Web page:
The Detroit Arsenal Cybersecurity Team hosted a briefing for arsenal employees for Cybersecurity Awareness Month Oct. 15, 2019 in the Building 200 auditorium.

This year's awareness month theme "Own It, Secure It, Protect It" demonstrates a need to take personal responsibility in helping to secure not only government information systems, but your own information as well.

Vulnerability Discovery and Analysis Labs Information Security Engineer, Matthew Wilds, presented information highlighting several key areas in cybersecurity to include citizen privacy, consumer devices, and e-commerce security.

The main focus of Wilds lecture centered on securing privacy information. He cautioned that most individuals aren't even aware of the information and passwords they have floating around the internet.

Wilds suggested using certain websites like haveibeenpwned.com and dhashed.com for individuals to find out what information may have been compromised and may have been released during a password dump from previous corporate hacks.

Other sites that hackers use, such as ghostproject.fr, may already have your information available for purchase.

There are many vulnerabilities hackers use to gain access to your network. One of these is that most users will use the same password for multiple online accounts.

"Using the same password on multiple sites increases the chances for that password to be compromised," said Wilds. He went on to say that once the hacker has that password, he can more easily breach any of the sites you sign into.

Even if that site doesn't compromise your finances or credit, a hacker can possibly use that site to gain more information that would allow him to hack into other sites or commit identity theft.
Wilds also suggested using two-factor authentication when possible, whether having the code sent directly to your mobile phone or using an app to "randomly generated key strings" for authentication.

"Using 2FA can stop up to 80% of your risk [on a private network or phone]," Wilds said, "and you can mitigate the other 20% of that risk."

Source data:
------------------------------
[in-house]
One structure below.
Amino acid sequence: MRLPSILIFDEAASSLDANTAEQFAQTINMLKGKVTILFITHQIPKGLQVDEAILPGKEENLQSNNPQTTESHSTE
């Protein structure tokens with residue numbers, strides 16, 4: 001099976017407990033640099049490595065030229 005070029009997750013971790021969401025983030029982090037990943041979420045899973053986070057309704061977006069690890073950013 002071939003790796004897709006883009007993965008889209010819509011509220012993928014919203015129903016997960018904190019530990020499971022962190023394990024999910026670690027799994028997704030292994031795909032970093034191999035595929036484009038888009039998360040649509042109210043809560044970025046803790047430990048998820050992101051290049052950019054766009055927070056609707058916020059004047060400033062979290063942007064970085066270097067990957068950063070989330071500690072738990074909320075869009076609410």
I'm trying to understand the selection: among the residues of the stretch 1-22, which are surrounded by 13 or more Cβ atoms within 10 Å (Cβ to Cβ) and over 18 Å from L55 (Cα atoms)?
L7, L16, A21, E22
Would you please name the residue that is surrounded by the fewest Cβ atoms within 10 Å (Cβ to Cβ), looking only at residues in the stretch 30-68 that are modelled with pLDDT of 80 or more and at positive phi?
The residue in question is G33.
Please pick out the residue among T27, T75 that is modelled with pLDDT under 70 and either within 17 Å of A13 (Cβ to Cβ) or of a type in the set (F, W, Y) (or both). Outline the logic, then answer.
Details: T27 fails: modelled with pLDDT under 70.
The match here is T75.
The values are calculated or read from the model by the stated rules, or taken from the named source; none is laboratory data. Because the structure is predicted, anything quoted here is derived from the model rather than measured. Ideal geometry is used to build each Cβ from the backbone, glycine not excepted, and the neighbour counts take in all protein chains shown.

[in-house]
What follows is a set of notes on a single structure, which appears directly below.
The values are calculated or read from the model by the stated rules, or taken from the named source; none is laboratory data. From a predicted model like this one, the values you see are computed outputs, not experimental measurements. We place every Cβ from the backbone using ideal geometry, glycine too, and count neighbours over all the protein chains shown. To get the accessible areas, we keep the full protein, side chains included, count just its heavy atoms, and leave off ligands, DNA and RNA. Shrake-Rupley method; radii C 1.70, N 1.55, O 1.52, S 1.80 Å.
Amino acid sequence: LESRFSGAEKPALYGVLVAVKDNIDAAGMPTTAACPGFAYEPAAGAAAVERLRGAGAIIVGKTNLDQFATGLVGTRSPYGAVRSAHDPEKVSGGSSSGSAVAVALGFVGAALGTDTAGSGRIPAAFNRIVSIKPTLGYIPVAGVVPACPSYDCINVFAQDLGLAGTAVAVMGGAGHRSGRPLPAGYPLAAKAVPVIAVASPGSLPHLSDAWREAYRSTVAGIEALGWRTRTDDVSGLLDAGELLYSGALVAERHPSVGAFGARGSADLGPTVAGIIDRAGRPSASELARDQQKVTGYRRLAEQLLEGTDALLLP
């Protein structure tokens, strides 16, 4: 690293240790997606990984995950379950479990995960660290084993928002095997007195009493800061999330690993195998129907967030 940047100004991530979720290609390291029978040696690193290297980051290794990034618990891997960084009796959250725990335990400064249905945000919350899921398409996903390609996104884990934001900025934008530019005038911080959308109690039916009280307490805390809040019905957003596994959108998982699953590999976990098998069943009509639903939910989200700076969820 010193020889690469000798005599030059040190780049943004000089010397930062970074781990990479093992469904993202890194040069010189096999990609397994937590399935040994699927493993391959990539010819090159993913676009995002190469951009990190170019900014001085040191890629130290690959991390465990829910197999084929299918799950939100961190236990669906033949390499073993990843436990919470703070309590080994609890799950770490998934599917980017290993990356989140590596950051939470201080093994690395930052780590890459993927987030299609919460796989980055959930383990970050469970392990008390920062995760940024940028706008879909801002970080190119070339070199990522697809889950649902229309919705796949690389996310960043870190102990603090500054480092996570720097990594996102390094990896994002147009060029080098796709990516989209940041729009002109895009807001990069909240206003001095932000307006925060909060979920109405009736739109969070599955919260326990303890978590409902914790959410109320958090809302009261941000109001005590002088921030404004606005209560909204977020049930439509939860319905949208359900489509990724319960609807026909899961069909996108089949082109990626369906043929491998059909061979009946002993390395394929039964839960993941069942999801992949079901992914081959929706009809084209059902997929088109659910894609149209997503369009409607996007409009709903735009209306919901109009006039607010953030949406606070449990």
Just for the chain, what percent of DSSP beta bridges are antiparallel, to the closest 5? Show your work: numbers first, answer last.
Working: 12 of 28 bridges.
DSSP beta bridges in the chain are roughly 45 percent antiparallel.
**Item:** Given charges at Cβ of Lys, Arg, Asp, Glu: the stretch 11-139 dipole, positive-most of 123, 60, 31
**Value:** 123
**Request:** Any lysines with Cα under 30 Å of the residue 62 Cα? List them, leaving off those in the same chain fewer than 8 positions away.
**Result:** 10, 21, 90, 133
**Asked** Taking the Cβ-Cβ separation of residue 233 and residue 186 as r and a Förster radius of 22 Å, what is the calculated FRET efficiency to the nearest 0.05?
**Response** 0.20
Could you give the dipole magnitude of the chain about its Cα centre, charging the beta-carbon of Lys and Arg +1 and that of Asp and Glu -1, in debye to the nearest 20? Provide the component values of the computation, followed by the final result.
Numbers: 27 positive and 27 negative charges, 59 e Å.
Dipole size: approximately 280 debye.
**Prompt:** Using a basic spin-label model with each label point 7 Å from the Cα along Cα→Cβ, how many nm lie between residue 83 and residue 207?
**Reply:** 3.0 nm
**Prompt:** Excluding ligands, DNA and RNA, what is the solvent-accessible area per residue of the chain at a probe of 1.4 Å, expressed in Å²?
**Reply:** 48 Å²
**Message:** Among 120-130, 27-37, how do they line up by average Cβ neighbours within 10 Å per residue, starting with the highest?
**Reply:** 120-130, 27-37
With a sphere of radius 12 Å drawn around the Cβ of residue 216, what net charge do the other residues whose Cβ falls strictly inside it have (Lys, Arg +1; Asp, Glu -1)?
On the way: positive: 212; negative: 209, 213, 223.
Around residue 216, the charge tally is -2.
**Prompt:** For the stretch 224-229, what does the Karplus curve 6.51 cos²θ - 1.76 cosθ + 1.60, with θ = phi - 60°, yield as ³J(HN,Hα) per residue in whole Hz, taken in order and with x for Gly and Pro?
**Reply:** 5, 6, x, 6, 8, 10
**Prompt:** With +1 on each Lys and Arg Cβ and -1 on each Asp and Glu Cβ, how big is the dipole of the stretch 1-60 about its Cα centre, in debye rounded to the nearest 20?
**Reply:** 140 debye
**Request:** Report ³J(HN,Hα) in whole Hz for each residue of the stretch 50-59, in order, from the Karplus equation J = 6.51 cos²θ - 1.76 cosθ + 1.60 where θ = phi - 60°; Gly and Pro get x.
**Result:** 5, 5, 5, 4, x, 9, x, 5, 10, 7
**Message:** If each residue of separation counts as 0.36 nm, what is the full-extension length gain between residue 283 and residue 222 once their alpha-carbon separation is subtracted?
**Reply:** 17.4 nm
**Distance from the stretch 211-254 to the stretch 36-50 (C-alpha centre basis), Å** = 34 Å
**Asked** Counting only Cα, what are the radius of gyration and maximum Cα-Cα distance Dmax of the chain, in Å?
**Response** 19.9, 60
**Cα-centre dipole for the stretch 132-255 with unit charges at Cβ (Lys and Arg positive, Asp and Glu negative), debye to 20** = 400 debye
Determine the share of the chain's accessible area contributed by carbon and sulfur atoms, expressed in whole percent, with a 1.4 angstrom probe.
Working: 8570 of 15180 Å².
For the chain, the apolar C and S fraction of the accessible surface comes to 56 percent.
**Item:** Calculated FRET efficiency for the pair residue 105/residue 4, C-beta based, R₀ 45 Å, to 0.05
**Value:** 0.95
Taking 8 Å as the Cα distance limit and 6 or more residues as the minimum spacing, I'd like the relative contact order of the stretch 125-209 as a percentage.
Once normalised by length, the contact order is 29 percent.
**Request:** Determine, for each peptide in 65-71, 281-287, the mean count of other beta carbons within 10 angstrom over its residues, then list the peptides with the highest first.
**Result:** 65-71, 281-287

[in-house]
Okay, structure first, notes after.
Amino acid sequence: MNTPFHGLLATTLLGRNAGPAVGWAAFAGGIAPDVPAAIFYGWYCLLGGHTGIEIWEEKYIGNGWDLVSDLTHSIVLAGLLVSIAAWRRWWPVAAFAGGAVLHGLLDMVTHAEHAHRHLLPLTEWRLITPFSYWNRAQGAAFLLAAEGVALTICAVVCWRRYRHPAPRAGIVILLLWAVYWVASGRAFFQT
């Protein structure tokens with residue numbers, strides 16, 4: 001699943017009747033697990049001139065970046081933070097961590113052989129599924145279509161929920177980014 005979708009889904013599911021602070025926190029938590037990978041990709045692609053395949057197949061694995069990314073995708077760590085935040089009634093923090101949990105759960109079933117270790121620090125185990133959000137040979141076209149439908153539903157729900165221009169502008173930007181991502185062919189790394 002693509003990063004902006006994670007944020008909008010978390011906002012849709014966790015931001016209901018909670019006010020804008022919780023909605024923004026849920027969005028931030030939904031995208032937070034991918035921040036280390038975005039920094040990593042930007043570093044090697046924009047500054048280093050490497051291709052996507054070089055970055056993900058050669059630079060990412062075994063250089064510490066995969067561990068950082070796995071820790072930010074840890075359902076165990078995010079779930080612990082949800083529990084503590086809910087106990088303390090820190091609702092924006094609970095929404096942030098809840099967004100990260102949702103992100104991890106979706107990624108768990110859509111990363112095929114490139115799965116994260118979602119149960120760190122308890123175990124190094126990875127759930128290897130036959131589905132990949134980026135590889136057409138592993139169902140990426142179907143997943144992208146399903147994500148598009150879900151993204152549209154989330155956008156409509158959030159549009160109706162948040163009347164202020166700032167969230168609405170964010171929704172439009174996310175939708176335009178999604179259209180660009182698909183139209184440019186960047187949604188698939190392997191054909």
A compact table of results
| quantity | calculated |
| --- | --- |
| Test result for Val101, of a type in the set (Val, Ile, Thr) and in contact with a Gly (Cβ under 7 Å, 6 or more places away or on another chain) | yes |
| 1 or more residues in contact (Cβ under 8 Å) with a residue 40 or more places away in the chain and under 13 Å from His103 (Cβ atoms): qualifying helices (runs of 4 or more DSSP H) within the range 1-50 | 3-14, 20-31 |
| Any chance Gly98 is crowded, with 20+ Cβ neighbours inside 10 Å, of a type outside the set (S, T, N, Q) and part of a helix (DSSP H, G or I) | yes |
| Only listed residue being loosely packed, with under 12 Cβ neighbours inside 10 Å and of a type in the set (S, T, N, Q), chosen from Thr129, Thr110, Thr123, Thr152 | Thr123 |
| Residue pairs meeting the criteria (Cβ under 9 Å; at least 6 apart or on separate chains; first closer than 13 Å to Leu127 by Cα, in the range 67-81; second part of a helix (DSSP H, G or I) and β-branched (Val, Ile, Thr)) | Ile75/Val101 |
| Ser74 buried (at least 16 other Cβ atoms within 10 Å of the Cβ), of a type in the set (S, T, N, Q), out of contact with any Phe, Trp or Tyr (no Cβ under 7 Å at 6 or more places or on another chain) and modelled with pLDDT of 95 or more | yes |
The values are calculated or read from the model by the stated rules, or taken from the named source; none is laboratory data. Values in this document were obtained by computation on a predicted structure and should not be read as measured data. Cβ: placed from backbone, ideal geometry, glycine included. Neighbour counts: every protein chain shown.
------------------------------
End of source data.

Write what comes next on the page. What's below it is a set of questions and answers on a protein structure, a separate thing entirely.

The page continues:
Another personal security matter that can help in that 20% mitigation process is not reusing passwords, or slightly altering previous passwords according to Wilds. "Many people use only one or two passwords or reuse previous passwords is because it is difficult to remember so many of them," said Wilds.

To help keep up with numerous difficult passwords, Wilds suggests using a password app, such as "last pass." Wilds personally uses this app, which can be protected with facial recognition on his smartphone. He goes on to say that you need to make sure that if you use a password app it is on a device that you always keep control of so that it doesn't become compromised.

"It is more safe to keep multiple passwords on one device that you control, than to use only a few passwords," he said.

According to Wilds, it is also a wise idea to make passwords as unique and long as possible this will make them harder for a hacker to break.

As far as consumer devices and e-commerce security, Wilds suggests that you do your research into the company and/or device before purchasing. "Many devices may provide a back door for technicians to access the device," he said, "and may be able to access the device at any time."

This especially holds true with security cameras. Wilds stated that even though a criminal may not be able to access passwords or personal information, they can hack into a security camera and tell when you are alone, or not home.

To protect your credit, Wilds suggests contacting each of the three credit reporting agencies and locking down your credit. This will prevent a criminal from compromising your credit even with stolen identity information, because only you will know the unique password that you give them to lock and unlock it.

Wilds also cautioned against using unsecure wi-fi because it doesn't encrypt the data before sending. If you have to use an unsecure wi-fi, then he suggests using a Virtual Private Network, or VPN, which will encrypt the information from your device to the receiver.

Finally, he suggested that individuals should always update their phones with the latest operating system and patches, this will ensure that users have the most recent security measures for that device.